China recently amended its civil procedure law to allow nongovernmental organizations to sue on behalf of the public interest. This provision could be transformative, and Chinese NGOs will have to learn quickly how to litigate public interest lawsuits. There has been only one public interest case brought by a grassroots NGO to look to and learn from so far: a pending case brought by two NGOs over illegal chromium pollution in Yunnan province. The speakers at this panel will discuss how and why public interest law has become a “hot” topic among the law, policy, and NGO communities. They will discuss the facts of this case as well as the obstacles the attorneys have faced. They will also analyze why this case was accepted, unlike the many others that have been rejected. Finally, they will analyze the implications of what we know about this case for future environmental public interest cases.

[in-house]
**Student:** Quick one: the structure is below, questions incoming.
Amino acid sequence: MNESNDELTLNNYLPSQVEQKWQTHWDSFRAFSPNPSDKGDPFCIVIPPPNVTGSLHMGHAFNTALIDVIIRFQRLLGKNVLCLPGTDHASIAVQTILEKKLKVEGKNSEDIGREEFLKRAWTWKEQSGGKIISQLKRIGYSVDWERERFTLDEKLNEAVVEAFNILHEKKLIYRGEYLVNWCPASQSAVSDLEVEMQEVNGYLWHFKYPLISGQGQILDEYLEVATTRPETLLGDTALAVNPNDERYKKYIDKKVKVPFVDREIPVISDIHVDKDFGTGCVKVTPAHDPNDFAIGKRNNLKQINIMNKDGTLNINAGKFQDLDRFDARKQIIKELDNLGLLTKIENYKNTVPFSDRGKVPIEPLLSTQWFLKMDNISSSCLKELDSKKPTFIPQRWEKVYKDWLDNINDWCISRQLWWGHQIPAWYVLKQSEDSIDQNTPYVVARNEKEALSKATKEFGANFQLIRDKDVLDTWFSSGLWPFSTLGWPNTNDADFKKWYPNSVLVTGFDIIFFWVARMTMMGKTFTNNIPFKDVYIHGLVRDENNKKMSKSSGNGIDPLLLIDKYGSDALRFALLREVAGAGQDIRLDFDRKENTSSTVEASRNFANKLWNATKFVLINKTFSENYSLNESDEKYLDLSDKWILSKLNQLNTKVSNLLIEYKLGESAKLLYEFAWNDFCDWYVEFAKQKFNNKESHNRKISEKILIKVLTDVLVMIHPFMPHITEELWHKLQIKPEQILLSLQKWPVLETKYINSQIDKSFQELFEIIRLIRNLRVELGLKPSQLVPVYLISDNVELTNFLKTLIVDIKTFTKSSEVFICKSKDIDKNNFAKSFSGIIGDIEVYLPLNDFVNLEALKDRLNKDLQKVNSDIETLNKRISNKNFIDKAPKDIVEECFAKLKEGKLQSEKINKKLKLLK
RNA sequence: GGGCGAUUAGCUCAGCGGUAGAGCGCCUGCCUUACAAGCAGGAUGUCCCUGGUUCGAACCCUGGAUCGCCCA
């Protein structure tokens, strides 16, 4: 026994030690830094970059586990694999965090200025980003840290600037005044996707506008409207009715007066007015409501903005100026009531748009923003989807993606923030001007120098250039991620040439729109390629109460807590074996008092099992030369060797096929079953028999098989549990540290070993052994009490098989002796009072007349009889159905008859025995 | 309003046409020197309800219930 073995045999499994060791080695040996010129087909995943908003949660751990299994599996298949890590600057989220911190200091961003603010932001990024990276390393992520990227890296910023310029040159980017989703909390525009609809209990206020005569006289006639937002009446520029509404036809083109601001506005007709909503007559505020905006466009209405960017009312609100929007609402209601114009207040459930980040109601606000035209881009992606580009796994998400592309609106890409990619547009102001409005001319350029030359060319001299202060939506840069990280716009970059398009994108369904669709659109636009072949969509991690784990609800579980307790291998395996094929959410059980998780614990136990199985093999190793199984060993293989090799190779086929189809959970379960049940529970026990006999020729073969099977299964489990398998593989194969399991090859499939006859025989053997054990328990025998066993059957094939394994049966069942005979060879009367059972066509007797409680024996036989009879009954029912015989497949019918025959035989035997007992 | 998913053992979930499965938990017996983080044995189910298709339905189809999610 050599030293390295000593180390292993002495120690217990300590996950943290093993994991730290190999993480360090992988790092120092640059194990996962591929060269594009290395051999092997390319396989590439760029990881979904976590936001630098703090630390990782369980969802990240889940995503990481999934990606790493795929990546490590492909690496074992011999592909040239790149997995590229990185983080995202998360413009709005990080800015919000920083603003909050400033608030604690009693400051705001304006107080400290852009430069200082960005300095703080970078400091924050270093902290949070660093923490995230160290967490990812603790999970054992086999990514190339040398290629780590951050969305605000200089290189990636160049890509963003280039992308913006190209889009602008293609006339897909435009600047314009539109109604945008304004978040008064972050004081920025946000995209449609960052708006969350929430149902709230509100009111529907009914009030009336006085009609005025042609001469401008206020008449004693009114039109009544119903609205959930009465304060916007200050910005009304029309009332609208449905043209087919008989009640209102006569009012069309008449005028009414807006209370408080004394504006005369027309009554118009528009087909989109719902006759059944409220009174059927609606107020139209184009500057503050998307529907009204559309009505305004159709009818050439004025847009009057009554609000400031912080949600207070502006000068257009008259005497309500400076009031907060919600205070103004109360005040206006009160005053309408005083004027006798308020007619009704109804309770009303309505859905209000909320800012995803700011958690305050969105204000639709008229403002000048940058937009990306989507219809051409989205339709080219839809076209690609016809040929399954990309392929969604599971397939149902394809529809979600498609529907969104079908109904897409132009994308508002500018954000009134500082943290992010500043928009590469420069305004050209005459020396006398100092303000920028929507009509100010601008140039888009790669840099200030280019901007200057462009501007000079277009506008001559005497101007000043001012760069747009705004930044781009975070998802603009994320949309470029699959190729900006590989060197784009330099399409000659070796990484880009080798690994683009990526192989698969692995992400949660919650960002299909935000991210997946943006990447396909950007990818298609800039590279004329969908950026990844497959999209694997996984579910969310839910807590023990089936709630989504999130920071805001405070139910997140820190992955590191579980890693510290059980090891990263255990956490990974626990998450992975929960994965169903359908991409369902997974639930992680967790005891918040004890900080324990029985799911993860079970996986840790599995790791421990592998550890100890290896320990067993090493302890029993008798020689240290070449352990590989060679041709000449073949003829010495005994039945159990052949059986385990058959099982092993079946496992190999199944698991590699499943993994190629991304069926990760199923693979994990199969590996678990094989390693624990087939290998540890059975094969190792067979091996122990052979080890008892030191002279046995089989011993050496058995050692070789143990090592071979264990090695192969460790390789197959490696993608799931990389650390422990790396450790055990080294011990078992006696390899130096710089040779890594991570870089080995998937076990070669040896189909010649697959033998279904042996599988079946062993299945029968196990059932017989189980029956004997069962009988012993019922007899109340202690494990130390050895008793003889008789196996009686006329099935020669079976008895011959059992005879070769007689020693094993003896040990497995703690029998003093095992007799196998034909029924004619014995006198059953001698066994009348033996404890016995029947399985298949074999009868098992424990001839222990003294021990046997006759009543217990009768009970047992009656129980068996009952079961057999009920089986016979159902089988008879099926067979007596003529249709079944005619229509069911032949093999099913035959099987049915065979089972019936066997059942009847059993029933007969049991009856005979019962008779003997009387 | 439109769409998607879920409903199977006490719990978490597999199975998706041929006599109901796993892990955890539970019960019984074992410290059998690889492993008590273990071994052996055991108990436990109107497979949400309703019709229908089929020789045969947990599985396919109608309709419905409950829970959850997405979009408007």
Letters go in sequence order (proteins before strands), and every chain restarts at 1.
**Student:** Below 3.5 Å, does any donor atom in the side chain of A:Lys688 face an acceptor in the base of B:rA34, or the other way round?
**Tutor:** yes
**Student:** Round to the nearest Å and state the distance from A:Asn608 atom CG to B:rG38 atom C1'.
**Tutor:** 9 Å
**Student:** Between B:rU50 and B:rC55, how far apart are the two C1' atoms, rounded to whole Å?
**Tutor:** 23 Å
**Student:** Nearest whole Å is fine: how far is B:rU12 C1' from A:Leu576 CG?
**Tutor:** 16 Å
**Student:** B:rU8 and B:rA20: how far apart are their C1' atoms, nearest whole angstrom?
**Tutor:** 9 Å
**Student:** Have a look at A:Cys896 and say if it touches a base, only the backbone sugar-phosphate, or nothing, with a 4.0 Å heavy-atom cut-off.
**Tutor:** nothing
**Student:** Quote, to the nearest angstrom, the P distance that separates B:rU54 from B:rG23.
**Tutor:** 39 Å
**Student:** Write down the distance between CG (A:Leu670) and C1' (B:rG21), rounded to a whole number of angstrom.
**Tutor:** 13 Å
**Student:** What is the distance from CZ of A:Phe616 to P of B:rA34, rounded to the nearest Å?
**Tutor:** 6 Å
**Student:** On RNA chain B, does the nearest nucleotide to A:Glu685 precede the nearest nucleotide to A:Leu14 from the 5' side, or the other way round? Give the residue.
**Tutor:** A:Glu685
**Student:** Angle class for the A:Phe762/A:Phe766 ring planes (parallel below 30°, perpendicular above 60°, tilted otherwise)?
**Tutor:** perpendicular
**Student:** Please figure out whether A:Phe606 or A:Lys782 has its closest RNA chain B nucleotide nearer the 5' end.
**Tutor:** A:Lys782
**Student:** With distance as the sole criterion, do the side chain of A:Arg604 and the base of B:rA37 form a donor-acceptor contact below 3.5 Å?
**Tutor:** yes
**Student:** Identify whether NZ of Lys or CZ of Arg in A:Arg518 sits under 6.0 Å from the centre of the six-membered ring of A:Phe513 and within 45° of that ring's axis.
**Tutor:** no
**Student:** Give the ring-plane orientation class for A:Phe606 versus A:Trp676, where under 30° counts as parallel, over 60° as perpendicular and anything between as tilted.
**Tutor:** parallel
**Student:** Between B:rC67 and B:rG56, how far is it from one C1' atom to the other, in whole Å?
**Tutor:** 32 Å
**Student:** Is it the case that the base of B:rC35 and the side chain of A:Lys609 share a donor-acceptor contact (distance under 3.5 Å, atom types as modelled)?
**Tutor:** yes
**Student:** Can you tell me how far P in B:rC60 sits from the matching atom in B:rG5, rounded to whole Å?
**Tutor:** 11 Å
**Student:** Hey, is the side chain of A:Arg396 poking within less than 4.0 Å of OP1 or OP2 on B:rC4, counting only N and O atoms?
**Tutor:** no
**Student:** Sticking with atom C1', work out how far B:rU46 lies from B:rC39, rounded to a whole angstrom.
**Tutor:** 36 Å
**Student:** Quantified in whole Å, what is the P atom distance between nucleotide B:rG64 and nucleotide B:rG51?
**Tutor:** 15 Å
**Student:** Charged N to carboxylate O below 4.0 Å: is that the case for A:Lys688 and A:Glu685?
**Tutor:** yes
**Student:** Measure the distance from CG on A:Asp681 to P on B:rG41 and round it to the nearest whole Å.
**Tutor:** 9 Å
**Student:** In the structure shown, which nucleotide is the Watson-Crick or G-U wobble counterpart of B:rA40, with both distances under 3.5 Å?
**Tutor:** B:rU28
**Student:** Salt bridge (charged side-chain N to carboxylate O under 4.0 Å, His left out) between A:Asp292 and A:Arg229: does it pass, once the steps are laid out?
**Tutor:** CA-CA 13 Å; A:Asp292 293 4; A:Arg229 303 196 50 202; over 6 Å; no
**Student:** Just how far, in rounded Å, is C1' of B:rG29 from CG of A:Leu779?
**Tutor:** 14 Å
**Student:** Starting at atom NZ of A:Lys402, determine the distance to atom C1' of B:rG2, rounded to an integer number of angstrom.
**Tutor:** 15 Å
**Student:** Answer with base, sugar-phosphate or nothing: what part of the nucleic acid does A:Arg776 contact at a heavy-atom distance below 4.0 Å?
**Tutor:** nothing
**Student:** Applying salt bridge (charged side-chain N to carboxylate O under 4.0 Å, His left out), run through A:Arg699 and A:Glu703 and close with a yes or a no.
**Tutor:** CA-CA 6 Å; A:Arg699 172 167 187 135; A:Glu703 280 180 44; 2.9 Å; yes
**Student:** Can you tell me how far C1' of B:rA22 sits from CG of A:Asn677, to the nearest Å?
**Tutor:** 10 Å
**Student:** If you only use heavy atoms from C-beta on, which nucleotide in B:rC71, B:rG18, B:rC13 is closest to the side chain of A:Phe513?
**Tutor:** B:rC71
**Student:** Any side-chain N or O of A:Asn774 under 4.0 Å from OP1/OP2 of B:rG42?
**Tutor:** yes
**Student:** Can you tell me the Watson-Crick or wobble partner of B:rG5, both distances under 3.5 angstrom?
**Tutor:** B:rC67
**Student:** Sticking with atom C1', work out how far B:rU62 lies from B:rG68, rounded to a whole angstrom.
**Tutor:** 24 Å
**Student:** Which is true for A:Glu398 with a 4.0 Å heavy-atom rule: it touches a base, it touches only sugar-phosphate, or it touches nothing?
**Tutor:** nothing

This event is cosponsored with Vermont Law School

The event summary is available here.


  • Jessica Scott

    Attorney at U.S. Environmental Protection Agency, Office of General Counsel
  • Jingjing Liu

    Vermont Law School
  • Robert V. Percival

    Robert F. Stanton Professor of Law and the Director of the Environmental Law Program at the University of Maryland Carey School of Law.